The series finale for the Texas Rangers and Chicago Cubs on Sunday happened to fall on the same day as the final round of the British Open.
(I just can’t bring myself to call it the Open Championship.)
The good news is that two televisions in the clubhouse were on the NBC coverage of the third major of the season, and one TV in the press box and one in the dining room were showing Phil Mickelson and Henrik Stenson’s wonderful duel at Royal Troon.
Was it as good as Tom Watson and Jack Nicklaus in the Duel in the Sun in 1977 at Turnberry? Not to potentially tick off Dan Jenkins, but it might have been better.
Mickelson shot a bogey-free 6-under 65. He lost by three strokes as Stenson tied low round for a major championship with an 8-under 63. On Sunday.
So was Cole Hamels at Royal Wrigley.
Here’s some Rangers Reaction from a badly needed 4-1 win.
1. The All-Star Game is just one day, though for those who are selected for the game it’s far more of an ordeal.
Their teams have a game Sunday, after which they depart on a late flight for the All-Star site,. Then, the players are put through the wringer by the media Monday morning before heading to the ballpark for several hours for batting practice, some throwing and the Home Run Derby.
The only activity Tuesday isn’t just a game. The Midsummer Classic is preceded by the Red Carpet Parade and followed in some instances by a red-eye flight and a screwy sleep day Wednesday.
Half of the All-Stars then either get to meet their team in an away city or fly on the charter from home.
There’s no rest for the weary All-Star, and not much time to work on his craft. Yet, Hamels, whose All-Star experience last week included an early-morning fall and hospital visit to sew up a cut on his chin, made the most of his little free time to fix his left index finger.
The left-hander was rocked in his final two starts of the first half because of a blister, which he said was a real factor July 3 at Minnesota and not as bad July 8 at home against the Twins.
But the issue was a factor in him lasting only four innings and 4 1/3 innings, and allowing five runs and walking five in each start.
His outing Sunday was efficient and overpowering. It was Hamels at his best, filling the strike zone early and then missing bats.
Before the media brought up the blister, he said that his intensity was sharper. This is the second half of the season, go time, the time to try to recapture the distance they had between them and the rest of the division two weeks ago.
As good as Hamels’ pitches can be, his mind is always elite. It was that way when he came to the Rangers nearly a year ago, when he talked about the playoffs, even though the Rangers were eight games back after his first start.
If he’s already stepping on the gas for the finish line, he might convince the rest of his teammates to do the same. They could use a boost, and maybe Hamels’ start Sunday gives it to them.
2. All the losing the Rangers have endured may eventually prove to have a silver lining. Closer Sam Dyson finally got some needed rest.
He would have rather kept on pitching, which would have meant that the Rangers wouldn’t have been losing 11 of 14 games. But he wasn’t complaining about the layoff after striking out the side — Cubs All-Stars Kris Bryant and Anthony Rizzo, and rookie catcher Willson Contreras — in earning his 19th save.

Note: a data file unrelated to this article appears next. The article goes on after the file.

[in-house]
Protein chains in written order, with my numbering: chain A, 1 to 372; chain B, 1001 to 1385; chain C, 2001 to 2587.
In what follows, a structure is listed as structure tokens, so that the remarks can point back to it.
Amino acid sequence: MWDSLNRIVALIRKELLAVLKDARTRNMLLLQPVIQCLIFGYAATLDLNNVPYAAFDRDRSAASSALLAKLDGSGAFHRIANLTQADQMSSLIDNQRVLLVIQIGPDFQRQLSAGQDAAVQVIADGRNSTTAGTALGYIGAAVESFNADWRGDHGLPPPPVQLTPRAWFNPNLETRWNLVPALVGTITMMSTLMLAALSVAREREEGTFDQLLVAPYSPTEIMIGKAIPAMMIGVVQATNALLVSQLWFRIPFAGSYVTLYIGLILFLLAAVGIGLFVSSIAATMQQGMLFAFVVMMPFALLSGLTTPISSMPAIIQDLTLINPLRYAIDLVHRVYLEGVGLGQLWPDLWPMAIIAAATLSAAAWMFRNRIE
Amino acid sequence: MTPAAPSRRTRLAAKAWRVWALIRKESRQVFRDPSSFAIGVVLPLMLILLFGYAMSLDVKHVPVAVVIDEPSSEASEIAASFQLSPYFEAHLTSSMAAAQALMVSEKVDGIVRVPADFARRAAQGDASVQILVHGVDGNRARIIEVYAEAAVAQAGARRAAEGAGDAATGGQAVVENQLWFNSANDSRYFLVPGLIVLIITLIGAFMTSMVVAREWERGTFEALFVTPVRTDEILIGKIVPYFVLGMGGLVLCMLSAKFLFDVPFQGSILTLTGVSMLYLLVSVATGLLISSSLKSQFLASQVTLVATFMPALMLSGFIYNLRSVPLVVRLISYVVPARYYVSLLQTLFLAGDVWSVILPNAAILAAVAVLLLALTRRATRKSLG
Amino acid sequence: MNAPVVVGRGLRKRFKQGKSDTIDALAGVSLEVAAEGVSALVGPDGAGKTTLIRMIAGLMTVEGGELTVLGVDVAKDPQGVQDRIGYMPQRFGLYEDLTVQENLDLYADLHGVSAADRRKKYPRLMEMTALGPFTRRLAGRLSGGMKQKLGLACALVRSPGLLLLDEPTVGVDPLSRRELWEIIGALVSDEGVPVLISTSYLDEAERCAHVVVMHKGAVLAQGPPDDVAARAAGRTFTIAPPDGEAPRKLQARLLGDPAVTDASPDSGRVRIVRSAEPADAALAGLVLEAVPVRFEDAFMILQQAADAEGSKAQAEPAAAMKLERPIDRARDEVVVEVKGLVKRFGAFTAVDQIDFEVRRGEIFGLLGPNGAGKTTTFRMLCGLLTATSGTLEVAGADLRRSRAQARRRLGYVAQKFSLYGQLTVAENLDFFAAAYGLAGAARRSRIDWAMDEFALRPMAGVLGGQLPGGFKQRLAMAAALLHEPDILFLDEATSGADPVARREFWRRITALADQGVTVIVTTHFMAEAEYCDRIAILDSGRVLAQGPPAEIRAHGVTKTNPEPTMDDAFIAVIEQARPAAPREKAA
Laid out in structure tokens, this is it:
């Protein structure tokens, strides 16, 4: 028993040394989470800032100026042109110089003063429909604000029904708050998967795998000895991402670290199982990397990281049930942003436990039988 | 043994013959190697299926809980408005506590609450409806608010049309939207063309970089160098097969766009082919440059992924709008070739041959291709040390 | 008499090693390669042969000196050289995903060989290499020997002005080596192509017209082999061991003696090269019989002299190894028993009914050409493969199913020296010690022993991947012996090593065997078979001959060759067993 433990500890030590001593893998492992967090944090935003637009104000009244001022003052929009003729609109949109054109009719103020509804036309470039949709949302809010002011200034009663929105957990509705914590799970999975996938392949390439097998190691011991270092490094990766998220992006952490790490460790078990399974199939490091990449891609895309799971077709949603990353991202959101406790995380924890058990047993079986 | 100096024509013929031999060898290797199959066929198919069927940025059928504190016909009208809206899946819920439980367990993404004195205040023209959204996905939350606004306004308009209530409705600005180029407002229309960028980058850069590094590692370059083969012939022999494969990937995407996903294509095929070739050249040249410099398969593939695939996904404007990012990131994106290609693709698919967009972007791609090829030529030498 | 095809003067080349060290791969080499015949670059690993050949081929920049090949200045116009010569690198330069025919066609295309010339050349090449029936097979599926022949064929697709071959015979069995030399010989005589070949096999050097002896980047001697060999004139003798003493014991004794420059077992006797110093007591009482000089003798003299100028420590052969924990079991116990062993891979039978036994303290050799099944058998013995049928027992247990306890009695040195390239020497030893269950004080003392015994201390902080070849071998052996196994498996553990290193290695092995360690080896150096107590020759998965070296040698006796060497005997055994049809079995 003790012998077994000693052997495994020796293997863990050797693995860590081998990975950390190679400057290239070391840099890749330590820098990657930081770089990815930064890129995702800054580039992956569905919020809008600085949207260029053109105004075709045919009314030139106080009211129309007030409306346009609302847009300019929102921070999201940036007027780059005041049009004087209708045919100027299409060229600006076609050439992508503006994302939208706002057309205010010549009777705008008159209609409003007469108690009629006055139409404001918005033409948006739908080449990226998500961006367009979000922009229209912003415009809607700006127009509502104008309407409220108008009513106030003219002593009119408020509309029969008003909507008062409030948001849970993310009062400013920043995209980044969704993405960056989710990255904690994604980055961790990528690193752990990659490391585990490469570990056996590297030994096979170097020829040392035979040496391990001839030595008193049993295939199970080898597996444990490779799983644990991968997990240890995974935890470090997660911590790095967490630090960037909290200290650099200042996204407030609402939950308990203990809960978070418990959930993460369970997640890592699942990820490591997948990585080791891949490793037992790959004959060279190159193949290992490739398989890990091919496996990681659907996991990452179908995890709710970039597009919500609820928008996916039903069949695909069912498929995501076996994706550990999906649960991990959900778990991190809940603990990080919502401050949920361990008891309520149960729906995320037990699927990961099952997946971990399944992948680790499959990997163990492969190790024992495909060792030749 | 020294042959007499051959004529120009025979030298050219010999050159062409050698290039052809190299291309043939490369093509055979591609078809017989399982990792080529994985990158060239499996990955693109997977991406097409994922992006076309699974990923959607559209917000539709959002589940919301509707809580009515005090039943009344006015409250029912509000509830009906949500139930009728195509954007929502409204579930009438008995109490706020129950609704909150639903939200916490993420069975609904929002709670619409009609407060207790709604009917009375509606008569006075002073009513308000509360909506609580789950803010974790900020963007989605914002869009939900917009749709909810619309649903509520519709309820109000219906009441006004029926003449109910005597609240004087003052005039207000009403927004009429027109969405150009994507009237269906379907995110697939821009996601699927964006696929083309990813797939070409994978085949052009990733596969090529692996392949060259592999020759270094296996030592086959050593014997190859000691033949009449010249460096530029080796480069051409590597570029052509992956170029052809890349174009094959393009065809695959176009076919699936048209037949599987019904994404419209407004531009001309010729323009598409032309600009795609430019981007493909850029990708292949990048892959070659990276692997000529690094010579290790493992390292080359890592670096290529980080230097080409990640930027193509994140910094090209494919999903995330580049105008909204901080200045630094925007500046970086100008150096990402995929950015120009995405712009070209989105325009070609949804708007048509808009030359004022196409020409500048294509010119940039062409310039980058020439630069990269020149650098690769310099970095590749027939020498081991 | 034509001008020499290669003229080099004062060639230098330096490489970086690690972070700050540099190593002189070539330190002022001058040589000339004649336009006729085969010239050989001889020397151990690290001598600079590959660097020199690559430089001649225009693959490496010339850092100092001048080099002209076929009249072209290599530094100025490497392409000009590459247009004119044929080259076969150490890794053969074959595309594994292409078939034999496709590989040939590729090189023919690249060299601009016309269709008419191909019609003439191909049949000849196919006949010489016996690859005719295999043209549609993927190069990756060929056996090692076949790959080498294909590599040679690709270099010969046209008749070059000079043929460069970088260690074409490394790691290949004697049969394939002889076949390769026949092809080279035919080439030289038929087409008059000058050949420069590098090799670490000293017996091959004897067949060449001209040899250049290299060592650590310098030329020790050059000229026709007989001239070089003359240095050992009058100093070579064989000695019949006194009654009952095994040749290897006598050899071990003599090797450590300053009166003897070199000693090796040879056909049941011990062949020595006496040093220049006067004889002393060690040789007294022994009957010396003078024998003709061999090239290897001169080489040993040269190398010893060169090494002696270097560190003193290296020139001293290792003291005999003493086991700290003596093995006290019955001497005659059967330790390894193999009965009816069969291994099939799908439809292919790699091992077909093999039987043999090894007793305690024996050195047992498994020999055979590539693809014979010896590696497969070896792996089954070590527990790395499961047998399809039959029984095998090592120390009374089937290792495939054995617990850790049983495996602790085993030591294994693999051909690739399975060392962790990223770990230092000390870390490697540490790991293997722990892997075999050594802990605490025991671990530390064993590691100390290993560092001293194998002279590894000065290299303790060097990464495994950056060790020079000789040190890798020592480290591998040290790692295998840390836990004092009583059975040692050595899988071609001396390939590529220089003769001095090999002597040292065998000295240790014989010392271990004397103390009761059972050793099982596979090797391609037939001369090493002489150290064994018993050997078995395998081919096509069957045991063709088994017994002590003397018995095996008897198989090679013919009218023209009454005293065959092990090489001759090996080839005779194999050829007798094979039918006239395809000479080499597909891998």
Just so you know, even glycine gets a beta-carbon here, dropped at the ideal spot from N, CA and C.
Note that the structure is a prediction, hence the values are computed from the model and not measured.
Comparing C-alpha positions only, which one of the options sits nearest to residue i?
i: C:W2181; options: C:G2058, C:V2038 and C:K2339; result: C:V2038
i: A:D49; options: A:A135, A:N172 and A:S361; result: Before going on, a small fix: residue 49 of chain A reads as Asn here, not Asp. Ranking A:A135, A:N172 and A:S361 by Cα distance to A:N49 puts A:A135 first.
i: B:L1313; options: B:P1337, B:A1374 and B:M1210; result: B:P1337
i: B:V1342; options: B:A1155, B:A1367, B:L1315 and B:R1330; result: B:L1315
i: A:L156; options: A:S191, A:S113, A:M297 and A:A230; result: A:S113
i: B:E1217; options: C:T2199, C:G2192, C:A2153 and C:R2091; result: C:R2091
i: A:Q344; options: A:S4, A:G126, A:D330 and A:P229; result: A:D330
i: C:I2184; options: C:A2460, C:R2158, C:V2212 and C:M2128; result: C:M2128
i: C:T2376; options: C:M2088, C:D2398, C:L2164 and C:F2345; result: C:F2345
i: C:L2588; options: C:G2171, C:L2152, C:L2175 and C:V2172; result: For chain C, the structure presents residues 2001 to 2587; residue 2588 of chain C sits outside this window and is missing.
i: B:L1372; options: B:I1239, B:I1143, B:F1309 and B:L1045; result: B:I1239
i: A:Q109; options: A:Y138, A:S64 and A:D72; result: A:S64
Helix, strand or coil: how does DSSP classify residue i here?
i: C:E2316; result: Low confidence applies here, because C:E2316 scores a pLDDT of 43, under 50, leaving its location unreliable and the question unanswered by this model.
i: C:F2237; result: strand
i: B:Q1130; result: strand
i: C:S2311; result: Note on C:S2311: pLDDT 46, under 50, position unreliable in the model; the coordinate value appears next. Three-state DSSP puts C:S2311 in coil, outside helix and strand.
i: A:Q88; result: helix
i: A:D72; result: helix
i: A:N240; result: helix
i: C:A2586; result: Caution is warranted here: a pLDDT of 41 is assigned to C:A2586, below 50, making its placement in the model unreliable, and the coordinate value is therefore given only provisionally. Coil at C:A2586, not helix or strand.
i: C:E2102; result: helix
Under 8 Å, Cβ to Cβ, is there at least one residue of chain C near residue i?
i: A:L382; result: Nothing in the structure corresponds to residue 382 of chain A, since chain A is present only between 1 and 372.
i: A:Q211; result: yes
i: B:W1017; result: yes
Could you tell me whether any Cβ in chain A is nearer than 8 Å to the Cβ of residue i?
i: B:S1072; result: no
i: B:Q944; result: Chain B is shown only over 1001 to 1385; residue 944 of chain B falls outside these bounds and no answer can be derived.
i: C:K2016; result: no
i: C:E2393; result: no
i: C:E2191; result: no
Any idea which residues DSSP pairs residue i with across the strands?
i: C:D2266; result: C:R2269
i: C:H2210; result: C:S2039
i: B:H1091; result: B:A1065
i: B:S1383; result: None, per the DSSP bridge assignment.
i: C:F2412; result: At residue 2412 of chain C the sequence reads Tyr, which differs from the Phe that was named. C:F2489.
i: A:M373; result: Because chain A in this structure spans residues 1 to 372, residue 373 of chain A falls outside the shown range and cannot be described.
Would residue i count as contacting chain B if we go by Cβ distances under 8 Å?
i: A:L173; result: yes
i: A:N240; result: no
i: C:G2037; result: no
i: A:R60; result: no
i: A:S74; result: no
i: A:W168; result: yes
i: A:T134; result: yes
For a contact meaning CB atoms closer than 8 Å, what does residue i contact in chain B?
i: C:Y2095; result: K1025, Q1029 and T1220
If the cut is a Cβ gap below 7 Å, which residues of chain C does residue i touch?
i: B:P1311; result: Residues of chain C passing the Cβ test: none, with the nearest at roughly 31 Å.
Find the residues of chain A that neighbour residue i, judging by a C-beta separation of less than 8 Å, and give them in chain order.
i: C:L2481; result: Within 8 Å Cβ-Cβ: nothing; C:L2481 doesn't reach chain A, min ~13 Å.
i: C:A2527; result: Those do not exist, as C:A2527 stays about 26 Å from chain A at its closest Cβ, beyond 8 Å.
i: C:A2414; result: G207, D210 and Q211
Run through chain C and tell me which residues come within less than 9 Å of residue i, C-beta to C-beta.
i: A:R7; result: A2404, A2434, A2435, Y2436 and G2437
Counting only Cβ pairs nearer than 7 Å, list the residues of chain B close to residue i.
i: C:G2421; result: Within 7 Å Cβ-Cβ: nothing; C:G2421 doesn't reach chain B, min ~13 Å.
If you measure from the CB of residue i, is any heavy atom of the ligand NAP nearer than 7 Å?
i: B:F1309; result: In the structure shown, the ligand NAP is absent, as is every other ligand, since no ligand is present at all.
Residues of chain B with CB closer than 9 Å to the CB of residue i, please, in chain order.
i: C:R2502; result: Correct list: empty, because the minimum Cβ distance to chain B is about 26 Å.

Maybe the cut finger that has put Jake Diekman on the disabled list will have the same effect. The losing has also given rookie Matt Bush time down after the Rangers used him often beginning with his May call-up.
With Keone Kela back and the Rangers talking to clubs about relievers, the bullpen could once again turn into a team strength as it was last season after the trade deadline. It’s not going to be easy to pry Andrew Miller away from the New York Yankees — or cheap — but imagine the possibilities.
3. Stefan Stevenson will pick up the Rangers beat for the Star-Telegram the rest of the road trip, and he will get to see the disaster that is the press box at Angel Stadium and take in the oppressive heat that is forecast for Kansas City.
The Rangers will turn to two pitchers who probably need to show something Monday and Tuesday. With the Rangers seeking a trade for starting pitchers, A.J. Griffin and Kyle Lohse could be battling to be the No. 5 starter until Colby Lewis returns.
Griffin will go Monday. He hasn’t been bad since coming off the disabled list June 24, but he hasn’t been good enough. Lohse is working with an oblique issue after his Rangers debut July 9. It wasn’t very good.
The Rangers can do better via a trade, even Padres right-hander Andrew Cashner. He has struggled this season and been on the DL twice, but aside from a lousy final start before the All-Star break, Cashner has been serviceable.
The Rangers like that he has Texas roots as a native of Conroe and as a former star at TCU. He throws hard and has better stuff than Griffin, Lohse, Chi Chi Gonzalez and Nick Martinez
The belief internally is that pitching coach Doug Brocail could help Cashner, who has a 5.05 ERA.
Cashner would be a rental piece as he rides off into free agency after the season, so he might not cost a ton in terms of finances or prospects. The Padres, led by former Rangers assistant GM A.J. Preller, know the Rangers’ farm system well.
Will the deal get done? Who knows? There’s two weeks to go until Aug. 1 rolls around (July 31 is a Sunday, so teams get an extra day), and the Rangers are talking to other teams as well.
Griffin and Lohse might want to be at their best Monday and Tuesday.